Dec 14, 2012 / 05:05 pm
More than anything else, the path to peace involves “respect for human life in all its many aspects,” Pope Benedict XVI said in his message for the annual World Day of Peace.
“At the birth of Jesus, the angels proclaim the message ‘glory to God on high, and on earth peace to men of good will.’ With the birth of the savior, peace was wished for the earth, for humanity,” Cardinal Peter K. Turkson, president of the Pontifical Council for Justice and Peace, remarked to CNA Dec. 14.
“Peace was offered and declared for humanity. My hope for next year is that this becomes real for humanity, that humanity begins more and more to realize the peace that was declared and announced at the birth of the Lord.”
The World Day of Peace is celebrated each year on Jan. 1, but the Pope usually releases his message for occasion in advance, as he did today. This year’s celebration will be the 46th time the day has been observed since it was established by Pope Paul VI.
“The many different efforts at peacemaking which abound in our world testify to mankind’s innate vocation to peace,” Pope Benedict wrote in his message for the coming year, entitled “Blessed are the Peacemakers.”
He also pointed out that in “every person the desire for peace is an essential aspiration which coincides in a certain way with the desire for a full, happy and successful human life.”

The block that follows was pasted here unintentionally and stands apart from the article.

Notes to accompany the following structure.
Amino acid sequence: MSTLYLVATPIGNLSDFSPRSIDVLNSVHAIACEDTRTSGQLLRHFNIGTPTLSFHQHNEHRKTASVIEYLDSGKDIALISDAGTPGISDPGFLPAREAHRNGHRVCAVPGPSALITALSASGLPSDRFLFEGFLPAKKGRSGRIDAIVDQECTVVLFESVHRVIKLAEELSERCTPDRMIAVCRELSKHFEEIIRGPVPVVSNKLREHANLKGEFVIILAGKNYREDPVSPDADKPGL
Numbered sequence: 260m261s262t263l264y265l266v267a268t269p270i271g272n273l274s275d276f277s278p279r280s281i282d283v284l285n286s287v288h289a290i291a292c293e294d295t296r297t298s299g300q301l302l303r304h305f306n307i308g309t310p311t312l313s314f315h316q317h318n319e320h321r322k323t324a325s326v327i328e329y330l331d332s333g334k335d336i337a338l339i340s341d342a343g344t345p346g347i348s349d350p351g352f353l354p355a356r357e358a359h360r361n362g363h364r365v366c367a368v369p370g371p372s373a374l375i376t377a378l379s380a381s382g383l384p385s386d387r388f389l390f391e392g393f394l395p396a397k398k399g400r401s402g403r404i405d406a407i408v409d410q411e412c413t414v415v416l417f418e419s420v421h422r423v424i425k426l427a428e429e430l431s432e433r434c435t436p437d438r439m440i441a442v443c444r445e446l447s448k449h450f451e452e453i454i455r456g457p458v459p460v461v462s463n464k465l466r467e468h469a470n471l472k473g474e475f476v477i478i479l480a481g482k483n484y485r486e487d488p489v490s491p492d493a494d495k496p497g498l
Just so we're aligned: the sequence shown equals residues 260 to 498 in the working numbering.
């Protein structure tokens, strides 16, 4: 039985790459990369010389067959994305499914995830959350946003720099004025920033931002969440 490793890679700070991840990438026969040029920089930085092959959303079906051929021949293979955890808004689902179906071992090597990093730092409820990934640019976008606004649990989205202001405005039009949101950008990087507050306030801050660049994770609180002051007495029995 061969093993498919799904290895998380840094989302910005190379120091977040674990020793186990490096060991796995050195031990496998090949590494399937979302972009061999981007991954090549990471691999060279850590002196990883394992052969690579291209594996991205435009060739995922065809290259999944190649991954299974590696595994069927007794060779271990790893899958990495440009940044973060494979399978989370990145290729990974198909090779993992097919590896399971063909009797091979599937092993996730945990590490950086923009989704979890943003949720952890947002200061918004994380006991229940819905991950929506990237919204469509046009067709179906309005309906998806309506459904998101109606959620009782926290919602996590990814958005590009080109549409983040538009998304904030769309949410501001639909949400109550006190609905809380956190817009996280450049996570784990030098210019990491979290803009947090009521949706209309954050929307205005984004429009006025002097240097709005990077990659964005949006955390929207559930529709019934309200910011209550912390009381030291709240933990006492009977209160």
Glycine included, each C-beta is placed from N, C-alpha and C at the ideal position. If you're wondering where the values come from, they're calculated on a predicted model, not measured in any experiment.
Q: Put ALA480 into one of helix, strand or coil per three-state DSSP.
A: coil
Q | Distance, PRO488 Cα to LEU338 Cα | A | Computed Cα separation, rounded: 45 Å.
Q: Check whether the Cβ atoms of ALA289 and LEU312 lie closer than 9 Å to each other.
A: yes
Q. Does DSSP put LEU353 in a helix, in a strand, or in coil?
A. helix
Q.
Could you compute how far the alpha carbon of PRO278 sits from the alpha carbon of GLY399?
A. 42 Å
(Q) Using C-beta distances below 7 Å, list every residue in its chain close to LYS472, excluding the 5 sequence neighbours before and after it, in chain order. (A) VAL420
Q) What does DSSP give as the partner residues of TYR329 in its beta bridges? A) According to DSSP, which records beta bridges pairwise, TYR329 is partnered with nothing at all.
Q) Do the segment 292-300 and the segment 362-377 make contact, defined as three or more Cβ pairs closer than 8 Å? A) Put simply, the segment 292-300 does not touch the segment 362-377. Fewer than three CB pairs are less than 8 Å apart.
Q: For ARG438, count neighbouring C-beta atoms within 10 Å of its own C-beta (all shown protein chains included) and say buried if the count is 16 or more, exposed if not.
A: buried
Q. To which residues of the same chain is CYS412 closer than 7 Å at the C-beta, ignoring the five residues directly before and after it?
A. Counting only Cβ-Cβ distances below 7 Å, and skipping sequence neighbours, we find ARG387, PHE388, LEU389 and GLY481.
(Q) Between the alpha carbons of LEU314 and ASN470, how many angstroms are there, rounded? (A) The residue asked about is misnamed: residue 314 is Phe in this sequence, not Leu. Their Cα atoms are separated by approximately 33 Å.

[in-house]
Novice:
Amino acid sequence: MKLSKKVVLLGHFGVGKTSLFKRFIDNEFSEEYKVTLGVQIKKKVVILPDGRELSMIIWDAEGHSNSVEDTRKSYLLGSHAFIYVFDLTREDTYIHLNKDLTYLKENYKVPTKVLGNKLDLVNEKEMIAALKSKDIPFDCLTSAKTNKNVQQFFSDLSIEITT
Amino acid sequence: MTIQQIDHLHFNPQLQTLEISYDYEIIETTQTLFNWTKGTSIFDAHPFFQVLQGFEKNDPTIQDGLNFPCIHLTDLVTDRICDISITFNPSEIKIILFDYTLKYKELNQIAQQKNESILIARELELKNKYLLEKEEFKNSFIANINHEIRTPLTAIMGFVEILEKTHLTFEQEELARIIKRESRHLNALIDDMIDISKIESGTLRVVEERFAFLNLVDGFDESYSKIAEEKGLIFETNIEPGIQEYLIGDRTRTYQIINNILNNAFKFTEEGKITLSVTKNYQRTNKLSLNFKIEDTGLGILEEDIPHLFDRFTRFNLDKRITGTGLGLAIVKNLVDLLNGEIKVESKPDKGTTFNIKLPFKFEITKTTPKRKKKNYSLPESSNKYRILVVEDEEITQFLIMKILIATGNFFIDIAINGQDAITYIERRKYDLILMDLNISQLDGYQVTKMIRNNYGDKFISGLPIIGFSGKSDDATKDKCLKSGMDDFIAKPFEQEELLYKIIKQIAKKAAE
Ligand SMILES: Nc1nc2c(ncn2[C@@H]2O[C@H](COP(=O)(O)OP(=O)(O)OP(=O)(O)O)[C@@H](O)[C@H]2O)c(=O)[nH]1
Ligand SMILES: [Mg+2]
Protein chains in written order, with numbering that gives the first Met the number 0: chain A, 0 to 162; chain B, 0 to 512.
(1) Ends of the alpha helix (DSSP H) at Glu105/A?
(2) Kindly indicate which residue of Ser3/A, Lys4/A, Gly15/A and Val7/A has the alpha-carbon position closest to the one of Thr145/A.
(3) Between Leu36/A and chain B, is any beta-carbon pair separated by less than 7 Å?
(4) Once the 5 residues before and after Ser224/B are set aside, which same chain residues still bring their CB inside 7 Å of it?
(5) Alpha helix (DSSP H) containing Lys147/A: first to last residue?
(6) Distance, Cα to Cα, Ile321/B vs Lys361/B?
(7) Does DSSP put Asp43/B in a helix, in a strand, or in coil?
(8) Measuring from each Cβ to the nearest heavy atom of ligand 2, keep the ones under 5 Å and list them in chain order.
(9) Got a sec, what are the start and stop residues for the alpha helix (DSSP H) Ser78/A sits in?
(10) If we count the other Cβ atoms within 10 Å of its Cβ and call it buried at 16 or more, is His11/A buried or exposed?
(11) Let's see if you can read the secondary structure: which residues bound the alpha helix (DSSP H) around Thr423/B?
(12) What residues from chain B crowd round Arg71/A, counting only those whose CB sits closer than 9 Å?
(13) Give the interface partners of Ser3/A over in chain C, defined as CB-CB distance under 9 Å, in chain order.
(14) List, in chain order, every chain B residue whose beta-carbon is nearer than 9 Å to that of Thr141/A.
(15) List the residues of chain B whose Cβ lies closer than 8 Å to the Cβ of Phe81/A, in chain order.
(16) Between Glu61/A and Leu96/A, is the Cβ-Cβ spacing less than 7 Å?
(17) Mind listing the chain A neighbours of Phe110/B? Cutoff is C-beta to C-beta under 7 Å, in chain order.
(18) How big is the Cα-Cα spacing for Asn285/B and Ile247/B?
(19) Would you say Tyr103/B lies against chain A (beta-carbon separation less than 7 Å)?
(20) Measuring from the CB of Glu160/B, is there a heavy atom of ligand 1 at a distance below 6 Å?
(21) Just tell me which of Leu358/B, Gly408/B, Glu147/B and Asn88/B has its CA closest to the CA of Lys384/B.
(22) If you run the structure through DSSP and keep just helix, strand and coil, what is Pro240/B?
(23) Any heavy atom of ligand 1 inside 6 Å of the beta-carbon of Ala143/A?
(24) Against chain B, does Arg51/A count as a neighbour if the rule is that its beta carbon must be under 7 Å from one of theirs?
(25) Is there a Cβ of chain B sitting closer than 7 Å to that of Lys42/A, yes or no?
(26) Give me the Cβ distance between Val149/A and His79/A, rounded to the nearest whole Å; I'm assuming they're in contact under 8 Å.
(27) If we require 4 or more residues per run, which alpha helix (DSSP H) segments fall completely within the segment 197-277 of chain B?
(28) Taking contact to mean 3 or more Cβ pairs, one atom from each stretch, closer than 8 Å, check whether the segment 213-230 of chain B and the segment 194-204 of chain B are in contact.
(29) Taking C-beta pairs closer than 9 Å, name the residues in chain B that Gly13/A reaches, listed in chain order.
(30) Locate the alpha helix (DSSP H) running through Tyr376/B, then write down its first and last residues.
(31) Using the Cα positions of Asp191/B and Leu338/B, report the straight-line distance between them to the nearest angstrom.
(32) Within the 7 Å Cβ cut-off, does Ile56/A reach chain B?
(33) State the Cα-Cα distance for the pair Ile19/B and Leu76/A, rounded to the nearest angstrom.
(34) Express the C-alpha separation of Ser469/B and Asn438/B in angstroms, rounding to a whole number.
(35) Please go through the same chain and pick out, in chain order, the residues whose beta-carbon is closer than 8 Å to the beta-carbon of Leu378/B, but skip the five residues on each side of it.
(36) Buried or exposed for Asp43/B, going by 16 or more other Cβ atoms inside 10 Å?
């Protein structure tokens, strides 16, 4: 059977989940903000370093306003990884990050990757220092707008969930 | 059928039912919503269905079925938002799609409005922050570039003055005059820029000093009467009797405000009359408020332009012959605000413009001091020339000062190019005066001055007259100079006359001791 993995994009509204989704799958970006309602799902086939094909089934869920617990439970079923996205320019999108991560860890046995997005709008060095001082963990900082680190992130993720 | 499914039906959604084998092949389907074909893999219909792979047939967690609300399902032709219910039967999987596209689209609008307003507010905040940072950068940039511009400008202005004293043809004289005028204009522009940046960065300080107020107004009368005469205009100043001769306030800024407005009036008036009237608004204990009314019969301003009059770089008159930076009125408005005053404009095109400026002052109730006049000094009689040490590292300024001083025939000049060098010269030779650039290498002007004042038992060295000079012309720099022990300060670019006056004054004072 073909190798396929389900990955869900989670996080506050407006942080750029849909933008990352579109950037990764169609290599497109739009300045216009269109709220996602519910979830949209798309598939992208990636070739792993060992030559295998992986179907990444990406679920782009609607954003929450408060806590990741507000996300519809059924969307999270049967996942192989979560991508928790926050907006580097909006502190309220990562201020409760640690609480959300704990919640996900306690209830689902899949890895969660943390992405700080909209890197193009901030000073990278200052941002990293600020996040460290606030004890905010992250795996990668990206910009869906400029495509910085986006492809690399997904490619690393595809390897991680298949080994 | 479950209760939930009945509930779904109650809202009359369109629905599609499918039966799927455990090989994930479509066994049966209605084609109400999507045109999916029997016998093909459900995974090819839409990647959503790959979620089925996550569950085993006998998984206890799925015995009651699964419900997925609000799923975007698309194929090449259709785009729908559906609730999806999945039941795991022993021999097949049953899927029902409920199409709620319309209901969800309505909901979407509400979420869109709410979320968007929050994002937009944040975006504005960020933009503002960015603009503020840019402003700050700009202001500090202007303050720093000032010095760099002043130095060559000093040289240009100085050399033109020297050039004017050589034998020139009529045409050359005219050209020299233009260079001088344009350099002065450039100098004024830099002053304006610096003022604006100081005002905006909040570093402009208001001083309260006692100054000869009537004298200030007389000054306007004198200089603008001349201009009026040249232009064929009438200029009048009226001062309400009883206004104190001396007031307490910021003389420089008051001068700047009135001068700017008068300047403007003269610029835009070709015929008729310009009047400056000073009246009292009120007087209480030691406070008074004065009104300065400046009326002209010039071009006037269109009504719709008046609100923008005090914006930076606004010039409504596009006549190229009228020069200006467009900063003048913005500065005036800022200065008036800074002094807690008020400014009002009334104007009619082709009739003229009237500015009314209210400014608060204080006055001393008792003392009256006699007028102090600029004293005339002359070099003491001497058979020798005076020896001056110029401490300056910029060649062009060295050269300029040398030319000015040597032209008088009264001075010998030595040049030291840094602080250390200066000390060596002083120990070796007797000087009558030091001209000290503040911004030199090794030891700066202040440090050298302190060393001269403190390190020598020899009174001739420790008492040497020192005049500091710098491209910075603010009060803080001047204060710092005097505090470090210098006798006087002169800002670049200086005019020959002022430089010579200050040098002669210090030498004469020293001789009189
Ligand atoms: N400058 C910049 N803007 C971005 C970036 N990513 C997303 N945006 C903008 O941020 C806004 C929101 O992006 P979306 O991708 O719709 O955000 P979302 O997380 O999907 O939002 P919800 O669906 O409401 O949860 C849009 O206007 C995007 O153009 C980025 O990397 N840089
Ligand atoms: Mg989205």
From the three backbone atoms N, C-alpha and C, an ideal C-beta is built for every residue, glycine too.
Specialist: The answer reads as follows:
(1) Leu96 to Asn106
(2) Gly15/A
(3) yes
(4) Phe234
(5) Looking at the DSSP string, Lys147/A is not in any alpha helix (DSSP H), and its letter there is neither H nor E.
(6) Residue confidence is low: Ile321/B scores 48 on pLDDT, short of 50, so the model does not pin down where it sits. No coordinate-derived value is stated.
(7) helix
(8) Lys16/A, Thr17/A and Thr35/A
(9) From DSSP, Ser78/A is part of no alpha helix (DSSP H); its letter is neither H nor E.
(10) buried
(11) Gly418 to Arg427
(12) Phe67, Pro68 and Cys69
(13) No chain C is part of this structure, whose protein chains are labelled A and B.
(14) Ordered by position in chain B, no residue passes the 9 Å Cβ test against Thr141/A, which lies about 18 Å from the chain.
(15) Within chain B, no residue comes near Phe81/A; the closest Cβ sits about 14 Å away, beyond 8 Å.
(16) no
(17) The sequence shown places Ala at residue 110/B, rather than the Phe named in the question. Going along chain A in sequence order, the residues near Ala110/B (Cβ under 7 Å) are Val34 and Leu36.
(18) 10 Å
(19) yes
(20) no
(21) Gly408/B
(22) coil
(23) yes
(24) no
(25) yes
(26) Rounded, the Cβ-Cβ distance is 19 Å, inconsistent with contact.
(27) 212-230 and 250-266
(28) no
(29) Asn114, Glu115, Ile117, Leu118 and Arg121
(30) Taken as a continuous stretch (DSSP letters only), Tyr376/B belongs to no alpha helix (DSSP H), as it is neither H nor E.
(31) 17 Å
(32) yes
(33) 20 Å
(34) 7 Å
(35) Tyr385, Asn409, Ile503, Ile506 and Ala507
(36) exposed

“The desire for peace corresponds to a fundamental moral principle, namely, the duty and right to an integral social and communitarian development, which is part of God’s plan for mankind.”
Cardinal Turkson reflected on how peace is experienced “always in communion with God. There’s a transcendent part of it. Related to and in communion with God, we seek to undertake this venture on earth.”
Pope Benedict underscored the same theme when he said that denying “the true nature of human beings … his intrinsic capacity to know the true and the good and, ultimately, to know God Himself, jeopardizes peacemaking.”
“Without the truth about man inscribed by the Creator in the human heart,” he wrote, “freedom and love become debased, and justice loses the ground of its exercise.” …
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